Also, marching out of the opening ceremony under a unified flag. Since certainly there is a lot of hope among the South Korean officials, among the Olympics officials who wanted this to happen. And of course, the President Moon Jae-in of South Korea who wanted this to be as he build it, the peace Olympics.

He wanted North Korea to be involved and has been saying it for many months, there were many cynics at the beginning. Listening to that, of course, there are many cynics even today now North Korean athletes are here. And the question is what happens once those athletes go home? Just on Wednesday, two diplomatic source with deep knowledge of North Korean -- North Korean intentions told CNN that at this military parade that they will be carrying out in Pyongyang on February 8, the eve of the opening ceremony of the Olympics, they will be displaying hundreds of missiles. And potentially, dozens of ICBM. The Intercontinental Ballistic Missiles that North Korea claims can hit mainland United States.

So, even after is this building excitement in South Korea that this could be the peace Olympics, the question is being asked, what happens once the athletes go home. Paula Hancocks, CNN, Pyeongchang, South Korea.

(END VIDEOTAPE) UNIDENTIFIED MALE: All right, the halftime to take to you Spain where

all-conquering Barcelona, it continuous to I. F. silverware and plenty of it to the Catalans. Of a common take 11-point, La Liga lead of the Atletico Madrid. They have Chelsea next stop on the Champions league around the 16, and then there's the Domestic Cup competition, the Copa del Rey, the King's Cup that he perform. Thursday with Brazilian (INAUDIBLE) will continue starting on the bench, Ernesto Valverde is man haunted dig deep against semifinalist first like opponents Valencia, a team in third place right now in the league.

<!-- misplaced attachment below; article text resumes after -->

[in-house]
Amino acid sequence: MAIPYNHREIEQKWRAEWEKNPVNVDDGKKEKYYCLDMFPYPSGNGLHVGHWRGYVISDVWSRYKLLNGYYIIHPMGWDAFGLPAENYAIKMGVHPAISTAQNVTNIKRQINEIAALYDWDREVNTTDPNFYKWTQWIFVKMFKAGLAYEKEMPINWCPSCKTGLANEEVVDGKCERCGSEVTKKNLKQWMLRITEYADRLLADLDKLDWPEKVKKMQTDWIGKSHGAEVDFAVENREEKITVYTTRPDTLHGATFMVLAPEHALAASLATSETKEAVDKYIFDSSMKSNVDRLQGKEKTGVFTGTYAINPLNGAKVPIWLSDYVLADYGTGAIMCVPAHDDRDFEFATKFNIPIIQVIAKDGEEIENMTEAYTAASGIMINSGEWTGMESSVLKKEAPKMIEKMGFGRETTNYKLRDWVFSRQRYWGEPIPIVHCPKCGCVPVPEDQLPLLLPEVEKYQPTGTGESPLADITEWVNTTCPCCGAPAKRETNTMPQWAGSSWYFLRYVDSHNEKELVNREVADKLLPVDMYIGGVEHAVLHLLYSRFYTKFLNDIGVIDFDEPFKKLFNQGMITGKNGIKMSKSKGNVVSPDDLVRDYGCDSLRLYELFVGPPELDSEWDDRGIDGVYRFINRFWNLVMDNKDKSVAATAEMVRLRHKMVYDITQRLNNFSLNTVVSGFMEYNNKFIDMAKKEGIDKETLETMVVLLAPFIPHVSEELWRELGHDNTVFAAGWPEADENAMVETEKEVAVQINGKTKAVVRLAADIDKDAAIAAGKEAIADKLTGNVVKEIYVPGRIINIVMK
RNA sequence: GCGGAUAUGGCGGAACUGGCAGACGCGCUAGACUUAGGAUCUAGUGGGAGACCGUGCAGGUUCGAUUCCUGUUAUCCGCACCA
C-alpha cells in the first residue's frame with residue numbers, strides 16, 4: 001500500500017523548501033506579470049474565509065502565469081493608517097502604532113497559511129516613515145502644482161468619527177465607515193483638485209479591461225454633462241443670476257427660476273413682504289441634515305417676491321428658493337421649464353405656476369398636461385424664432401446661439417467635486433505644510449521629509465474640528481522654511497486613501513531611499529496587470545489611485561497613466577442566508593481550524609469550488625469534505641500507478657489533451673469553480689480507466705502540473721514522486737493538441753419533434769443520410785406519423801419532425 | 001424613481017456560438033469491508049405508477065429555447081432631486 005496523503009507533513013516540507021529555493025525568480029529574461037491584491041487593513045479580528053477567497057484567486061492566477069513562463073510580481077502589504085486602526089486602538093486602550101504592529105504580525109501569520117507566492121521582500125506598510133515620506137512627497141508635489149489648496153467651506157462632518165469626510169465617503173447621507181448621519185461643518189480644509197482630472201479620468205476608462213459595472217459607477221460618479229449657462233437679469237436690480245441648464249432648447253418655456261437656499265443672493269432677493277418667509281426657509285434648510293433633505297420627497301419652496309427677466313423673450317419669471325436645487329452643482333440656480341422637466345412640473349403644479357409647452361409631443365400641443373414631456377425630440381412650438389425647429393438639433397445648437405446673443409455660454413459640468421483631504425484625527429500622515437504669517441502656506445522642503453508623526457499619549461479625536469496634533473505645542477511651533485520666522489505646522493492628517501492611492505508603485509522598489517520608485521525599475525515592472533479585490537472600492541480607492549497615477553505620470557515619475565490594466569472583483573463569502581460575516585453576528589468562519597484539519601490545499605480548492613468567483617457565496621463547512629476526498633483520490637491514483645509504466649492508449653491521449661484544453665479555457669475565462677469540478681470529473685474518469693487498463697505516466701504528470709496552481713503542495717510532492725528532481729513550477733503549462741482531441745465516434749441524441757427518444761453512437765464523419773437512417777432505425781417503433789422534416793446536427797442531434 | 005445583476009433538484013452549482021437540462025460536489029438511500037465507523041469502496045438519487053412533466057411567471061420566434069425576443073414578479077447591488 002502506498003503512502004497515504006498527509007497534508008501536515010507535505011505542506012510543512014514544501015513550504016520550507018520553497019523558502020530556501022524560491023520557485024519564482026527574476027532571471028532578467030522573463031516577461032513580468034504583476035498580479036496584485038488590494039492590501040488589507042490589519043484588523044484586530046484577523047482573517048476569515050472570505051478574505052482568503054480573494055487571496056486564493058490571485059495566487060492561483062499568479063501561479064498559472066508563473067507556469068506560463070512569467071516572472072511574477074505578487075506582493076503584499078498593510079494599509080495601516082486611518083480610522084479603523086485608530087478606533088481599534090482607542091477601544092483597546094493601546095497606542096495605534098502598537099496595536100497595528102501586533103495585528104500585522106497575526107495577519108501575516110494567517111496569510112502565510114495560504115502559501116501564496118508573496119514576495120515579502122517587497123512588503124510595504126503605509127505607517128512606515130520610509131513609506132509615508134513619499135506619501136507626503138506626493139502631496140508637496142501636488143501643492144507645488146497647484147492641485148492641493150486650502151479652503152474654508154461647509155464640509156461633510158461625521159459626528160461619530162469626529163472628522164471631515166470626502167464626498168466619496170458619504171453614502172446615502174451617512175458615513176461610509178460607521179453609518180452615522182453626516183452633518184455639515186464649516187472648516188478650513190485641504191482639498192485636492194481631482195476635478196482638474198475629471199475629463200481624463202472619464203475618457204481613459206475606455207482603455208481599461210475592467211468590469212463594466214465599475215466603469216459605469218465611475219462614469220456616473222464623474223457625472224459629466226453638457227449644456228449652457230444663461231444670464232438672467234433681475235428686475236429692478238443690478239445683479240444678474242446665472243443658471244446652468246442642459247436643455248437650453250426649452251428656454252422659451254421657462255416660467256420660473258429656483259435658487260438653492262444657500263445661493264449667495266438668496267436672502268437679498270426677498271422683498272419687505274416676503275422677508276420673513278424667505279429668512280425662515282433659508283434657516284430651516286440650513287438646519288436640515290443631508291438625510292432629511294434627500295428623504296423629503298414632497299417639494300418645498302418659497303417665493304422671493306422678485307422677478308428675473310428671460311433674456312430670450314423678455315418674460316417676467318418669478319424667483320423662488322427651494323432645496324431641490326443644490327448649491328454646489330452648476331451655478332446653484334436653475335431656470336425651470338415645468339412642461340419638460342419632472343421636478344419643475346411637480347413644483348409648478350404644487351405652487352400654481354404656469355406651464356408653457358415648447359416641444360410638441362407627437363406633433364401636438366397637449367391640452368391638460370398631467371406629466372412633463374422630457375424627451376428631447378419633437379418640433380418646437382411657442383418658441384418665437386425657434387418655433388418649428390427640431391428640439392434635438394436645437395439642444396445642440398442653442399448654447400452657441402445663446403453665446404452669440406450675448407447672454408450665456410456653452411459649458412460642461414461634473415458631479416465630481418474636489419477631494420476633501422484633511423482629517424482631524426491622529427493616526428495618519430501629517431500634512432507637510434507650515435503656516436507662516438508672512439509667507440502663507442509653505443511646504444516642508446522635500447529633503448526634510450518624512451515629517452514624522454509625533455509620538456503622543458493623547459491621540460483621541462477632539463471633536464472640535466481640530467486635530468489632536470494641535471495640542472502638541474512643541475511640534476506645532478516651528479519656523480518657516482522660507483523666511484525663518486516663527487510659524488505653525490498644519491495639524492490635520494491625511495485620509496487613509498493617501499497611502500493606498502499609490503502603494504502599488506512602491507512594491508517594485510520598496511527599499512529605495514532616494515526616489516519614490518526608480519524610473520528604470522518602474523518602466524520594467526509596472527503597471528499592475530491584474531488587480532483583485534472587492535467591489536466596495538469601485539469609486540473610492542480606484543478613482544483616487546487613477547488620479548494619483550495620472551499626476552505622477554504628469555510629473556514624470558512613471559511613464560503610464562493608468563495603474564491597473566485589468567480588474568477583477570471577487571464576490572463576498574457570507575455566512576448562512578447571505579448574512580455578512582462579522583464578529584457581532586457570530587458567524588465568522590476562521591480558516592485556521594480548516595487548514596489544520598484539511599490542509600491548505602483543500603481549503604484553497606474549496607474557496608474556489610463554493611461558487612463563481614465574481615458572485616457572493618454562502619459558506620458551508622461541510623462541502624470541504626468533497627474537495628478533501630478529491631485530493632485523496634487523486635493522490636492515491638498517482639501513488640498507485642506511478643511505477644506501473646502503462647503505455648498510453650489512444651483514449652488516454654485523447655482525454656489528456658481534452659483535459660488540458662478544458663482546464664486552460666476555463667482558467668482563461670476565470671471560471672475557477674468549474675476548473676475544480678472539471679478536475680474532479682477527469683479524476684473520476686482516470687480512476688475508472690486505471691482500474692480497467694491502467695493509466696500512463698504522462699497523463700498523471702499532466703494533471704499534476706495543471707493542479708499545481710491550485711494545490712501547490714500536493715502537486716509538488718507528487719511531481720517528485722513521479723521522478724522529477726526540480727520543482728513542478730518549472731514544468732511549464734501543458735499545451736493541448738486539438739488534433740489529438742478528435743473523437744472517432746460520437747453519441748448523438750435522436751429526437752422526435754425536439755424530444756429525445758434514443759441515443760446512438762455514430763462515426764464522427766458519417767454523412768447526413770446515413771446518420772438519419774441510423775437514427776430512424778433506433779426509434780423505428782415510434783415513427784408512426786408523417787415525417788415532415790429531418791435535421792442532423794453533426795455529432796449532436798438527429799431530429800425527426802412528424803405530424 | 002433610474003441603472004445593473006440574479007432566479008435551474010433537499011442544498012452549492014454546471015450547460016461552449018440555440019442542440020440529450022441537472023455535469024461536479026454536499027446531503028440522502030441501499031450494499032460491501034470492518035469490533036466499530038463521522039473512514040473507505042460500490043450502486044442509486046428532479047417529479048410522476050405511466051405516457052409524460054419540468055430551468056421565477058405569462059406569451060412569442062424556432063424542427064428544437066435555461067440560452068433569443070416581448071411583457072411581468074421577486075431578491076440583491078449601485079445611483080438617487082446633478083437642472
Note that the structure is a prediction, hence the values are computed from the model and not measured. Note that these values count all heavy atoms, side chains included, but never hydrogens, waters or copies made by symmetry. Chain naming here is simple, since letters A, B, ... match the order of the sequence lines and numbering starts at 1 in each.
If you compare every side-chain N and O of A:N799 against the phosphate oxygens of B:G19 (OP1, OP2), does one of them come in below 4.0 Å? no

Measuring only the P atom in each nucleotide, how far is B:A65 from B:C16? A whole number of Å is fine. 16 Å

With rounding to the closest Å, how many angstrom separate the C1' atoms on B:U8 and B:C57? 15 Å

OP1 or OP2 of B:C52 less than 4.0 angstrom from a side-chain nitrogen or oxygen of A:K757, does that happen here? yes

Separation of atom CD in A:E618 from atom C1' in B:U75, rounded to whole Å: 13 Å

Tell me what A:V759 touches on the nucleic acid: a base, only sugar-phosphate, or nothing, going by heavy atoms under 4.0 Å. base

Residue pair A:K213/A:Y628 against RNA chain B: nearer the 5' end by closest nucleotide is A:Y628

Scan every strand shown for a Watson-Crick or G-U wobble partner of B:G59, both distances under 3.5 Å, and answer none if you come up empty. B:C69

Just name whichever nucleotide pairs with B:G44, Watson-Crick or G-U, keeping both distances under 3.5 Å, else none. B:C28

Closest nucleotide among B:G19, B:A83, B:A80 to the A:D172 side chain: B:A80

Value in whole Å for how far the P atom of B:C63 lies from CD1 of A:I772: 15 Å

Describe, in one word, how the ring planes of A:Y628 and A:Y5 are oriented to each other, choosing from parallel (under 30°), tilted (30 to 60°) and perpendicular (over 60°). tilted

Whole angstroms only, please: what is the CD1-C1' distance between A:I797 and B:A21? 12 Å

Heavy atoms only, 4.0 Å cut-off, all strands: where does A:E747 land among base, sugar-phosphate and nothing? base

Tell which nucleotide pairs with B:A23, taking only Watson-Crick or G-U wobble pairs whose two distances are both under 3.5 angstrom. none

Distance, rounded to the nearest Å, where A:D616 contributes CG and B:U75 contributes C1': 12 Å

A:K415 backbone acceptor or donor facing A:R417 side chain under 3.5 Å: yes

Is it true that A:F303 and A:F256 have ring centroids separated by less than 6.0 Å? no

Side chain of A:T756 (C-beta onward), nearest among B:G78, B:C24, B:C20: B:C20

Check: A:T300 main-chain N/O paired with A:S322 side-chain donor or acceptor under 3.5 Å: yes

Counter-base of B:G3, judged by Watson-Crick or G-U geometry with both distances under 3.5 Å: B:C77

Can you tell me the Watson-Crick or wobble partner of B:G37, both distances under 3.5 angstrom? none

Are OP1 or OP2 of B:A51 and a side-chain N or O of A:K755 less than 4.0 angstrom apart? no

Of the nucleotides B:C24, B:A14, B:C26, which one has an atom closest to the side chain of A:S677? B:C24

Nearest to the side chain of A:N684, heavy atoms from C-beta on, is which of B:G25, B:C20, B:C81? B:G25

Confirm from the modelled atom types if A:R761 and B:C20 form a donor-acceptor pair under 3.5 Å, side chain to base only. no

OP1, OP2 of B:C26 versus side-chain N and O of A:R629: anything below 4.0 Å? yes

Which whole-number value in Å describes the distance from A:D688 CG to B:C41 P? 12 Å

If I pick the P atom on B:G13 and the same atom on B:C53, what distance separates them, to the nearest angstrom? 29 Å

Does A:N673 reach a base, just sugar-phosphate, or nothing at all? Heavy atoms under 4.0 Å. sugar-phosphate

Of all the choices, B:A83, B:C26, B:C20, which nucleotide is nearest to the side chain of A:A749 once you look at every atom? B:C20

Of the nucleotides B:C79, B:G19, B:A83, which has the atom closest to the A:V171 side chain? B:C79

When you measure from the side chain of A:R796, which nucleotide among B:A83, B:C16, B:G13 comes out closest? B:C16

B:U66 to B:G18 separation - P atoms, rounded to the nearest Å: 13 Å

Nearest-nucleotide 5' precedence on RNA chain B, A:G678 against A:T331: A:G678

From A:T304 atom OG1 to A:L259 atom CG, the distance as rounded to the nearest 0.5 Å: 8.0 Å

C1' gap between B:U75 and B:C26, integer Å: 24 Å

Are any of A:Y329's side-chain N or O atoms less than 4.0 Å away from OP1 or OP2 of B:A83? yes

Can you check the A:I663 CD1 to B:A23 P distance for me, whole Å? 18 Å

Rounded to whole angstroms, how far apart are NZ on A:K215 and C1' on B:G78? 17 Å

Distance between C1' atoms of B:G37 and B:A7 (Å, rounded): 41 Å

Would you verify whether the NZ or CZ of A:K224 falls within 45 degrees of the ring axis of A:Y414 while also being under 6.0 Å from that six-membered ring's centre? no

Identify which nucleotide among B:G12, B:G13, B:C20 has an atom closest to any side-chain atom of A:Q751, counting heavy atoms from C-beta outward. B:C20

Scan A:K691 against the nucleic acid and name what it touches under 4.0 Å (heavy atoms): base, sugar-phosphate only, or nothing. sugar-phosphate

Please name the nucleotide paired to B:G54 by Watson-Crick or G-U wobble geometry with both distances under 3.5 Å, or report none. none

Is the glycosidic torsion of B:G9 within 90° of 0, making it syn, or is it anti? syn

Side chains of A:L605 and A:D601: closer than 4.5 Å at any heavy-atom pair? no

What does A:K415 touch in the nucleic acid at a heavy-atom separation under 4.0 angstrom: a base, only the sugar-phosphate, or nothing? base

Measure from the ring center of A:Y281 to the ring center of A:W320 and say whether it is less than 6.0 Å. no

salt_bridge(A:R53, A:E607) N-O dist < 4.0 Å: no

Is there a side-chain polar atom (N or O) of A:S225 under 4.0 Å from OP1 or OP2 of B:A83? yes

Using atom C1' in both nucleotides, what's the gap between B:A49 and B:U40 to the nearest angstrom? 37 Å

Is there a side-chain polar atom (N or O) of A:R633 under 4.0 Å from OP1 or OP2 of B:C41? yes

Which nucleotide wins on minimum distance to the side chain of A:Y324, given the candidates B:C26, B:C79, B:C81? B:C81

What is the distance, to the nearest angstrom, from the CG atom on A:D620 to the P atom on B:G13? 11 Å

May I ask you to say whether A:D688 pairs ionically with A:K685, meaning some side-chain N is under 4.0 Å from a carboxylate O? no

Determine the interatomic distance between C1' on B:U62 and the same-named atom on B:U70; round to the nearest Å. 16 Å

Just one goal will decide this to came from you a Uruguayan star, Luis Suarez. He struck just over 2o minutes from time for the 29-time tournament winners. Coutinho did come on in the second half 1-0 it would end.

Well, sailing at Volvo Ocean Race we'll now question one of the sports toughest ordeals. The current edition back -- what started in Spain back in October of last year. And when it finishes in June, will have taken in 45,000 nautical miles across four oceans, six continents and did I mention the 12 host cities?

On Thursday, Chinese Dongfeng Race Team, taking a tour around Hongkong on a well-earned off day. Well, I gear up to set sail for the ocean once again next week towards New Zealand. CNN's being that busy catching up with some team members to get views on the challenges of life at sea.


CHARLES CAUDRELIER, SKIPPER, DONGFENG RACE TEAM: Arriving (INAUDIBLE) In first place is just magic because this is one of the best place

for sailing. And the crew will be there. And these days are just beautiful and for finishing first here is a dream.

CAROLIJN BROUWER, CREW MEMBER, CREW MEMBER, DONGFENG RACE TEAM: Nine months of non-stop racing where you don't have the warm bed, you do not have a shower on board. You definitely don't have a (INAUDIBLE) massage at the end of the hard working day. Basically, you're racing 24/7 with other crew members on board of the 65-foot yacht. And that's basically all you have.

CHEN JINHAO, CREW MEMBER, CREW MEMBER, DONGFENG RACE TEAM: I remember when I finish here, crossing the finish line, the people is a -- is a -- said, oh, (INAUDIBLE) upside a are arriving at the lots of friends are in the pontoon, also the families are already on the pontoon waiting for us. Just amazing feeling.


UNIDENTIFIED MALE: Thanks so much for joining us. Do stay with CNN as ever, thanks for watching.